And at each of those computers people can gain access to your personal and business correspondence. You can make a bet that administrators (not to mention hackers) on Bulletin Board Systems, college campus systems, commercial information services, and Internet hook-up providers can read your email. Of course, most snoops will deny that they are reading your email because they want to continue doing it. Information is power. Snoops want power. (Email Privacy, n.d)

Clearly formulated policies regarding the use of email can help ensure that decisions made within the organisation which affect workers:

are well thought out, understood by all users, are consistent and fairly applied

take full account of their effect on all areas of activity

Satisfy legal requirements

Contribute to a productive relationship between the employer, the workforce and their representatives.

Workers can be more effective when uncertainties about the organisation’s intentions and any inconsistencies in management decisions are removed.
Involving workers and their representatives in the development, implementation and operation of policies is more likely to make them acceptable and successful.

It is important that organisations understand the potential for making the most of their IT systems. People need to know the opportunities that use of the Internet and e-mail offer.

By having a written policy the organisation can:
help protect itself against liability for the actions of its workers (vicarious liability), help educate system users about the legal risks that they might inadvertently take, make clear to users who they should contact about any particular aspect of the policy, notify users of any privacy expectations in their communications, prevent damage to systems, avoid or reduce unnecessary time being spent on non work related activities. (ACAS, 2006)

2.2 Security
According to Bill landreth (1989:87) “security is the process of protecting the confidentiality, integrity and the availability of information”
Every organisation considers security as very important; Organizations of all sizes have come to rely on email as a main form of communication with colleagues in their headquarters and international offices, business partners, clients and others. While email has long proven its many advantages, it also has its downsides.
Plagued by spam, malicious code, phishing scams, directory harvest DoS attacks and more, email systems require much oversight. Add to these cyber crime threats are legal issues that can arise from their misuse. Beyond a company finding itself in a serious liability situation if an employee sends out offensive email, there has been other combo threats that have cropped up. For example, recently there have been incidents where disgruntled individuals have established free web email accounts in others’ names and then have sent out offensive or even threatening notes to the victims’ associates. (SC Magazine, 2006)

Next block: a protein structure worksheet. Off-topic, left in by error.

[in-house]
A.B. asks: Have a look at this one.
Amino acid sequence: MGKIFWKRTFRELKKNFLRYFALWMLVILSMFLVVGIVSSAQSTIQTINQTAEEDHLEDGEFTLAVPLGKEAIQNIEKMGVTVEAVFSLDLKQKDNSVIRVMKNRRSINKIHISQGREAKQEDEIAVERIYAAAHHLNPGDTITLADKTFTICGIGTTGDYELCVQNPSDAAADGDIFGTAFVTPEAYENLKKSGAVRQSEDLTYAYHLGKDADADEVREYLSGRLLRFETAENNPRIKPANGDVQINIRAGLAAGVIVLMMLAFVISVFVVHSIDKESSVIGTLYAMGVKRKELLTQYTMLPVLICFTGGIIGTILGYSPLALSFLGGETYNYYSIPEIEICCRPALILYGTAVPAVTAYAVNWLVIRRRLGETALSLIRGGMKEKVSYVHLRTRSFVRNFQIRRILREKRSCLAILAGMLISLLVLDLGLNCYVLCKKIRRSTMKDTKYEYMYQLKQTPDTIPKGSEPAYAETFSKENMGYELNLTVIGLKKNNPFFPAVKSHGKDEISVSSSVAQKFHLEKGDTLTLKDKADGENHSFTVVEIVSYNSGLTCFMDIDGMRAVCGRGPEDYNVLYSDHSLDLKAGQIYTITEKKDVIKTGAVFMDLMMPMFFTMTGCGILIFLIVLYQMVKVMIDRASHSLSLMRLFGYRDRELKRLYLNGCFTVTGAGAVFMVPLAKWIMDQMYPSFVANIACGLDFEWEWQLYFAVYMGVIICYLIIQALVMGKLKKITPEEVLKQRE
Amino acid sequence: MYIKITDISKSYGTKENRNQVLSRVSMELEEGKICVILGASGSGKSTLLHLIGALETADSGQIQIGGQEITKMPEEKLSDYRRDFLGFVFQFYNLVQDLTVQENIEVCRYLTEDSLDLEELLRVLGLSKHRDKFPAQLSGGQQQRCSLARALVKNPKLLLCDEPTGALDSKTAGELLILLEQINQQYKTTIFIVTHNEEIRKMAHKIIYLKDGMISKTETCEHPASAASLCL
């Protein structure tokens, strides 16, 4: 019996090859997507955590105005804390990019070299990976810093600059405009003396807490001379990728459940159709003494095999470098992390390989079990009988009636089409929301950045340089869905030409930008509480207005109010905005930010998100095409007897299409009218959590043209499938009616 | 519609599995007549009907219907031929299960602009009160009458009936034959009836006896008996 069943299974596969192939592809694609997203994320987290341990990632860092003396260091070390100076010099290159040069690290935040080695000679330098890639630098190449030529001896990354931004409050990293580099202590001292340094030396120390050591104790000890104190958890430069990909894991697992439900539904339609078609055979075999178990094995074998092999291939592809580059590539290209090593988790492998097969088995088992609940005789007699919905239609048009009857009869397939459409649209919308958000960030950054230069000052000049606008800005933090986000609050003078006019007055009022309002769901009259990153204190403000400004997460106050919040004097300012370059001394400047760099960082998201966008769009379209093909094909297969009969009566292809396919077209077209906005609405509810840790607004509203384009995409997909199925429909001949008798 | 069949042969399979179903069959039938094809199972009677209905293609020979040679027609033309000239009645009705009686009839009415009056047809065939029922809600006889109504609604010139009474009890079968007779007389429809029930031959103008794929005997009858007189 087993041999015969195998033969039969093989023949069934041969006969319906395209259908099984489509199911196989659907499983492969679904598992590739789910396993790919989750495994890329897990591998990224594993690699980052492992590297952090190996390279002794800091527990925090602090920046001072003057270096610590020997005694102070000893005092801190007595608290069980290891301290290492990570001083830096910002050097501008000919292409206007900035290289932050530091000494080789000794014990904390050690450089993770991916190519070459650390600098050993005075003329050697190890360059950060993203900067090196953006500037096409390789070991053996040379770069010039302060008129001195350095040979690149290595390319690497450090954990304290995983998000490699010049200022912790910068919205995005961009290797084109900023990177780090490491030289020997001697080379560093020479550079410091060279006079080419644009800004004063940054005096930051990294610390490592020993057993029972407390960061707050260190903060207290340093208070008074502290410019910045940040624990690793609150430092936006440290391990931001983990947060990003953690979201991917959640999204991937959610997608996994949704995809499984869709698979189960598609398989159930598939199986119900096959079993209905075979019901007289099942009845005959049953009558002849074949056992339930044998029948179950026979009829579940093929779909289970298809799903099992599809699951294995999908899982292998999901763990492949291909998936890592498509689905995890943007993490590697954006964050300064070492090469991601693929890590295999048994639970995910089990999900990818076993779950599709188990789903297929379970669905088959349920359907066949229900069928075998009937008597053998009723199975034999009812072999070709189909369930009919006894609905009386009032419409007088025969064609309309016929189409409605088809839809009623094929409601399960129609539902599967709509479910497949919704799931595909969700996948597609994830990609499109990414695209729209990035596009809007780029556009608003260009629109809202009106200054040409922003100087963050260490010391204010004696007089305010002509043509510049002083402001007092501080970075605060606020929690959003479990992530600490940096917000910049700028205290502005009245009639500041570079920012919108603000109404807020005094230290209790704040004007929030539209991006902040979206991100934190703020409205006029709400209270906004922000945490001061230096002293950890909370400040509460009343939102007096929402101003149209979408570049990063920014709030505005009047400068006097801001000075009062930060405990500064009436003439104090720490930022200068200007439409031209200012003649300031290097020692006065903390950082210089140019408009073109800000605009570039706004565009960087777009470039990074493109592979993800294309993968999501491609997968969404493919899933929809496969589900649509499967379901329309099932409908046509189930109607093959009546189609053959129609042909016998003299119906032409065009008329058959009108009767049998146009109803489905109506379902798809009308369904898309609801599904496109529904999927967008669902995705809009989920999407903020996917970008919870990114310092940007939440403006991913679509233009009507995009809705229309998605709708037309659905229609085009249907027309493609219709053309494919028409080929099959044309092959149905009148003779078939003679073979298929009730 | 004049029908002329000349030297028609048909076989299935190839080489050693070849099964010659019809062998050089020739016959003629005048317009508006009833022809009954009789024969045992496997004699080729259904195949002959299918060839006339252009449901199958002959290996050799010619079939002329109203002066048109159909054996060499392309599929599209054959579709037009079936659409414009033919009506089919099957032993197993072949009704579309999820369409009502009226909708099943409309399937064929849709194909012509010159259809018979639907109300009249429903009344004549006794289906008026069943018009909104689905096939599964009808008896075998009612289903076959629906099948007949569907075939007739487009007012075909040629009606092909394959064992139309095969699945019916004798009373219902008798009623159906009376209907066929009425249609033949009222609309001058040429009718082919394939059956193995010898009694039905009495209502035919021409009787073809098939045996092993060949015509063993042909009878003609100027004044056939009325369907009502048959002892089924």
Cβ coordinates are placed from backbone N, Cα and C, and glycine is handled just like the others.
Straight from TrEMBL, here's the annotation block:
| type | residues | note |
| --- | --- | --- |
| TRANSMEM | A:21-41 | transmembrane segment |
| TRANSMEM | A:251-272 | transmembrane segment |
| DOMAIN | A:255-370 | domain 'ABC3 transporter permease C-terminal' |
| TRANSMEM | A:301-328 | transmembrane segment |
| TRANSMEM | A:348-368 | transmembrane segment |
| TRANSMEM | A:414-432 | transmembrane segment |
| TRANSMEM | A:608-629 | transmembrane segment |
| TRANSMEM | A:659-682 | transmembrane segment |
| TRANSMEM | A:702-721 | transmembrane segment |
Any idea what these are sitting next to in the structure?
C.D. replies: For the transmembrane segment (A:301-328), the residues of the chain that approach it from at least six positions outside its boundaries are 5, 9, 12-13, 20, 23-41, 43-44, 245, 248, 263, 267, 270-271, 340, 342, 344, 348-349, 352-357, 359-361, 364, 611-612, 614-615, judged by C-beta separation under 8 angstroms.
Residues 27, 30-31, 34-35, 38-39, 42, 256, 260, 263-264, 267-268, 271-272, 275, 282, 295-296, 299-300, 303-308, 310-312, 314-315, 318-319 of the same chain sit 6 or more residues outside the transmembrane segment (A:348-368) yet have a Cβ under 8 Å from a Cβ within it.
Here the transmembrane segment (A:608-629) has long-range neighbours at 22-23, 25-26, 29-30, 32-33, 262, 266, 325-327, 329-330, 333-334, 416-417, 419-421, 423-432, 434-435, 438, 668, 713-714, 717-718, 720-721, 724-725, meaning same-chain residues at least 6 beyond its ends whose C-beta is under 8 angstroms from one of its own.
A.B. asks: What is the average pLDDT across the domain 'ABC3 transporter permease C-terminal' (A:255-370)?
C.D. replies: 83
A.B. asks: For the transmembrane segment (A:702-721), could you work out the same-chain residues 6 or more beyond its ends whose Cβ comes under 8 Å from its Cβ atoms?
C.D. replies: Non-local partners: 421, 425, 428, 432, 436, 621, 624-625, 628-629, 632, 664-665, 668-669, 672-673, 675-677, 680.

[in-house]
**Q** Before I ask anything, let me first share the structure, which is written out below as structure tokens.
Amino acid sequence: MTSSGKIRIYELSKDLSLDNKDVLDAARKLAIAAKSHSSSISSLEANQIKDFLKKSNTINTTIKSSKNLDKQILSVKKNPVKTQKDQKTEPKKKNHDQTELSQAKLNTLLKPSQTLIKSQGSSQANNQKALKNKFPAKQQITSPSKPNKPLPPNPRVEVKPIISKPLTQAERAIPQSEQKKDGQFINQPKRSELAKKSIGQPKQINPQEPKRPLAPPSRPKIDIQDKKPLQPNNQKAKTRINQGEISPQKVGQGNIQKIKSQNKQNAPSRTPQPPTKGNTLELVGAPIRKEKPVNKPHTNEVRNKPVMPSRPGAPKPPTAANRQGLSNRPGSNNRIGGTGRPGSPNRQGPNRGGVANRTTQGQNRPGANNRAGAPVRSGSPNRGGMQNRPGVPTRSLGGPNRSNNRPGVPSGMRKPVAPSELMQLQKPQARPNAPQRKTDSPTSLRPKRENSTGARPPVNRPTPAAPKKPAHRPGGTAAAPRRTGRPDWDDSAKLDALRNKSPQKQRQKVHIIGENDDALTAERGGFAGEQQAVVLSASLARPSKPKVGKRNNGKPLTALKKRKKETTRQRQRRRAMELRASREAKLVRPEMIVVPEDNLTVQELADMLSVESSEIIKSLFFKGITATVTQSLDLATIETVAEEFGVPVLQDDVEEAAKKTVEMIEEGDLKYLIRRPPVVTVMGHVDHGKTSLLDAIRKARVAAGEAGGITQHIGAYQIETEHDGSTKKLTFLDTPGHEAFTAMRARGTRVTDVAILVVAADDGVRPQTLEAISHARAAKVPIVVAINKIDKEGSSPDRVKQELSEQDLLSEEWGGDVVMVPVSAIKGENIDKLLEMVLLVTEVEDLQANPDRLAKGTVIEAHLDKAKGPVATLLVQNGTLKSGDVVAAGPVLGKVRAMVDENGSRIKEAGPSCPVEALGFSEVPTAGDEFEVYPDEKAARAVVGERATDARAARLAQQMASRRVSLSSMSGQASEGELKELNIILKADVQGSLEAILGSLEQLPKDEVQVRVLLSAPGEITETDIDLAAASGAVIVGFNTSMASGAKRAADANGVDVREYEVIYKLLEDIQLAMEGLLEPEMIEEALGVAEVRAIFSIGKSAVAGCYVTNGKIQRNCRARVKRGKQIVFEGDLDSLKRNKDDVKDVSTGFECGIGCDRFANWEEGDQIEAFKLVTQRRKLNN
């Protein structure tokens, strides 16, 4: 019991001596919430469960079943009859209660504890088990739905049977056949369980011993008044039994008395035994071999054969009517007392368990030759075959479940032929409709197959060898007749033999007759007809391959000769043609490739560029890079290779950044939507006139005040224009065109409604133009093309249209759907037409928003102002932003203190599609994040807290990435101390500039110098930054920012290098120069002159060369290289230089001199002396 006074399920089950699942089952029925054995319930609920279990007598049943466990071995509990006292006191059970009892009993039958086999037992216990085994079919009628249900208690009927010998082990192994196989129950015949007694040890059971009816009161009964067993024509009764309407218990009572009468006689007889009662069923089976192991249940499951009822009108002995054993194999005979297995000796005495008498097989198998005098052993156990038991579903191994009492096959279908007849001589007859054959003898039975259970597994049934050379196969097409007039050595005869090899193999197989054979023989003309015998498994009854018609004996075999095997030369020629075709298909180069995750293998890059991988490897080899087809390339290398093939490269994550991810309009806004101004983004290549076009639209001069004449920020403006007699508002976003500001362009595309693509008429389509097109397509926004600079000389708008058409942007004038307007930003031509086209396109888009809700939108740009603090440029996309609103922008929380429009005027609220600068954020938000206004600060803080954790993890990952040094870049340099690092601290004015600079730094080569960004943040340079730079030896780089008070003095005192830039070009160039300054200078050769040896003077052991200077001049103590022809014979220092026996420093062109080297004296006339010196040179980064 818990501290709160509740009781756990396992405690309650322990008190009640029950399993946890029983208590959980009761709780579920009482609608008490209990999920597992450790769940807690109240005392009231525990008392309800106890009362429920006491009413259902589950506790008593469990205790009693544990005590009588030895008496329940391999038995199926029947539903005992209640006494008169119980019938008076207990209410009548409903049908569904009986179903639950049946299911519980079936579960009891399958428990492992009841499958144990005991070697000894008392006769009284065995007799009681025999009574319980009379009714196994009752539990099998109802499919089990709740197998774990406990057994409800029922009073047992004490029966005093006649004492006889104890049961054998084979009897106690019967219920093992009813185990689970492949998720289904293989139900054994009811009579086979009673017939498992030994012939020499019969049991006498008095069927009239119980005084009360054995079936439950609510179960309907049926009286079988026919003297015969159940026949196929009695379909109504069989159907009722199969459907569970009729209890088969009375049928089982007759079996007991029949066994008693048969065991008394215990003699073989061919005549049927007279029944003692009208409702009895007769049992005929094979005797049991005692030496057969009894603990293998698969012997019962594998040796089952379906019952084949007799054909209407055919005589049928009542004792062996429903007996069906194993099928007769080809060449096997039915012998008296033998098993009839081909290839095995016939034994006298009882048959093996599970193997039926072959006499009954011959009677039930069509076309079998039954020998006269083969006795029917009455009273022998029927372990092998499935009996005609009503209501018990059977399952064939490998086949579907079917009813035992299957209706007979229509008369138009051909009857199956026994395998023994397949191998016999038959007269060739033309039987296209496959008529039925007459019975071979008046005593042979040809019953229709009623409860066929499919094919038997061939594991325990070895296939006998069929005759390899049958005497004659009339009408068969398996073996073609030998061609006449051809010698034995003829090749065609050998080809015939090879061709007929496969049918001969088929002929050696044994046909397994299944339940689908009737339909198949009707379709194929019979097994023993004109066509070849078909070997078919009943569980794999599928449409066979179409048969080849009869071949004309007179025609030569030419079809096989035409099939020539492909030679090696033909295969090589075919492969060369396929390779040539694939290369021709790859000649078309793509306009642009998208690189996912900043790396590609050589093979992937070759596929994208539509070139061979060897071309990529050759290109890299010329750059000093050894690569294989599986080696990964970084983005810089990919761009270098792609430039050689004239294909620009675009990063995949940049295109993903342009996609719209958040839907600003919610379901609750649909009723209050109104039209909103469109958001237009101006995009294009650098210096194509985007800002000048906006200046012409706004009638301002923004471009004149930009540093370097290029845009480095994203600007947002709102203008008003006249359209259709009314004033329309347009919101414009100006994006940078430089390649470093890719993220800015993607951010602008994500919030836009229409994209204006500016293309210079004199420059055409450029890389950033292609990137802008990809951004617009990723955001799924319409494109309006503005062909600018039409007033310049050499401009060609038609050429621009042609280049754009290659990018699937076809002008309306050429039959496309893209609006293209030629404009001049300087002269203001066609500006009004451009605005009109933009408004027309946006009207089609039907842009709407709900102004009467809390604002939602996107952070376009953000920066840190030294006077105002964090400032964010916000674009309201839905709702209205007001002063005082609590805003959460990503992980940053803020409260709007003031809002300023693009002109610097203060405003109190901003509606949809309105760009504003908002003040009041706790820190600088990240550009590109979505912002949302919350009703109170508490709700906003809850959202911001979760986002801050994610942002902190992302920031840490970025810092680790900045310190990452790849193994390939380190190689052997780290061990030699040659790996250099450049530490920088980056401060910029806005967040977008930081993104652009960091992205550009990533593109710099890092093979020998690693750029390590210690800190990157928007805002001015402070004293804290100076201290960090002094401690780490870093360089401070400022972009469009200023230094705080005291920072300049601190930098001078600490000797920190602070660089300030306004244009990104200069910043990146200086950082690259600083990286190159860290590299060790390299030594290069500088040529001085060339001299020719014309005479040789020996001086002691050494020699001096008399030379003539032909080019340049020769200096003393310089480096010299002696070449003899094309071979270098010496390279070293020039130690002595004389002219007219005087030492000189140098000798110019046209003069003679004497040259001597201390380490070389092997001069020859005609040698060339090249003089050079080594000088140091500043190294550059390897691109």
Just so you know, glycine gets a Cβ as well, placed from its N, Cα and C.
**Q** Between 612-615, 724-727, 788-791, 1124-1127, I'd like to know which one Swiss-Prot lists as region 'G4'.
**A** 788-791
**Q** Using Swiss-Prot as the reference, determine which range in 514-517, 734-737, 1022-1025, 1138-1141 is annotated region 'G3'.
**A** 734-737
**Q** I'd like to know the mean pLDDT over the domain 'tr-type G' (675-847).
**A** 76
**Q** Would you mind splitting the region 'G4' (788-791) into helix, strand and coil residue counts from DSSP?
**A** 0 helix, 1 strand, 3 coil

Breaching the security could cause companies heavy financial loss, one of the recent example was The UK financial services regulator, the Financial Services Authority, has fined the UK’s largest building society £980,000 following the theft of an employee’s laptop. The laptop contained customer data relating to some of its 11 million account holders. (Privacy & Data Protection journal, 2007)

“Effective management of security features in PC’s should be efficient enough to ensure that emails are protected” (Landreth, 1989:89)

3.0 Methodology

According to Webster (1985), to research is to search or investigate exhaustively. It is a careful or diligent search, studious inquiry or examination especially investigation or experimentation aimed at the discovery and interpretation of facts, revision of accepted theories or laws in the light of new facts or practical application of such new or revised theories or laws, it can also be the collection of information about a particular subject.

Primary research is also know as field research, which is going out and conducting research and collect data and secondary research is also known as desk research, as it traditionally involved sitting at a desk reading through lots a material.

Some general examples of secondary research could be visiting a library and reading through books, reports and newspapers and extracting the information that was relevant.

Primary research involves Qualitative research and Quantitative research

Creswell (1998) defines qualitative study as: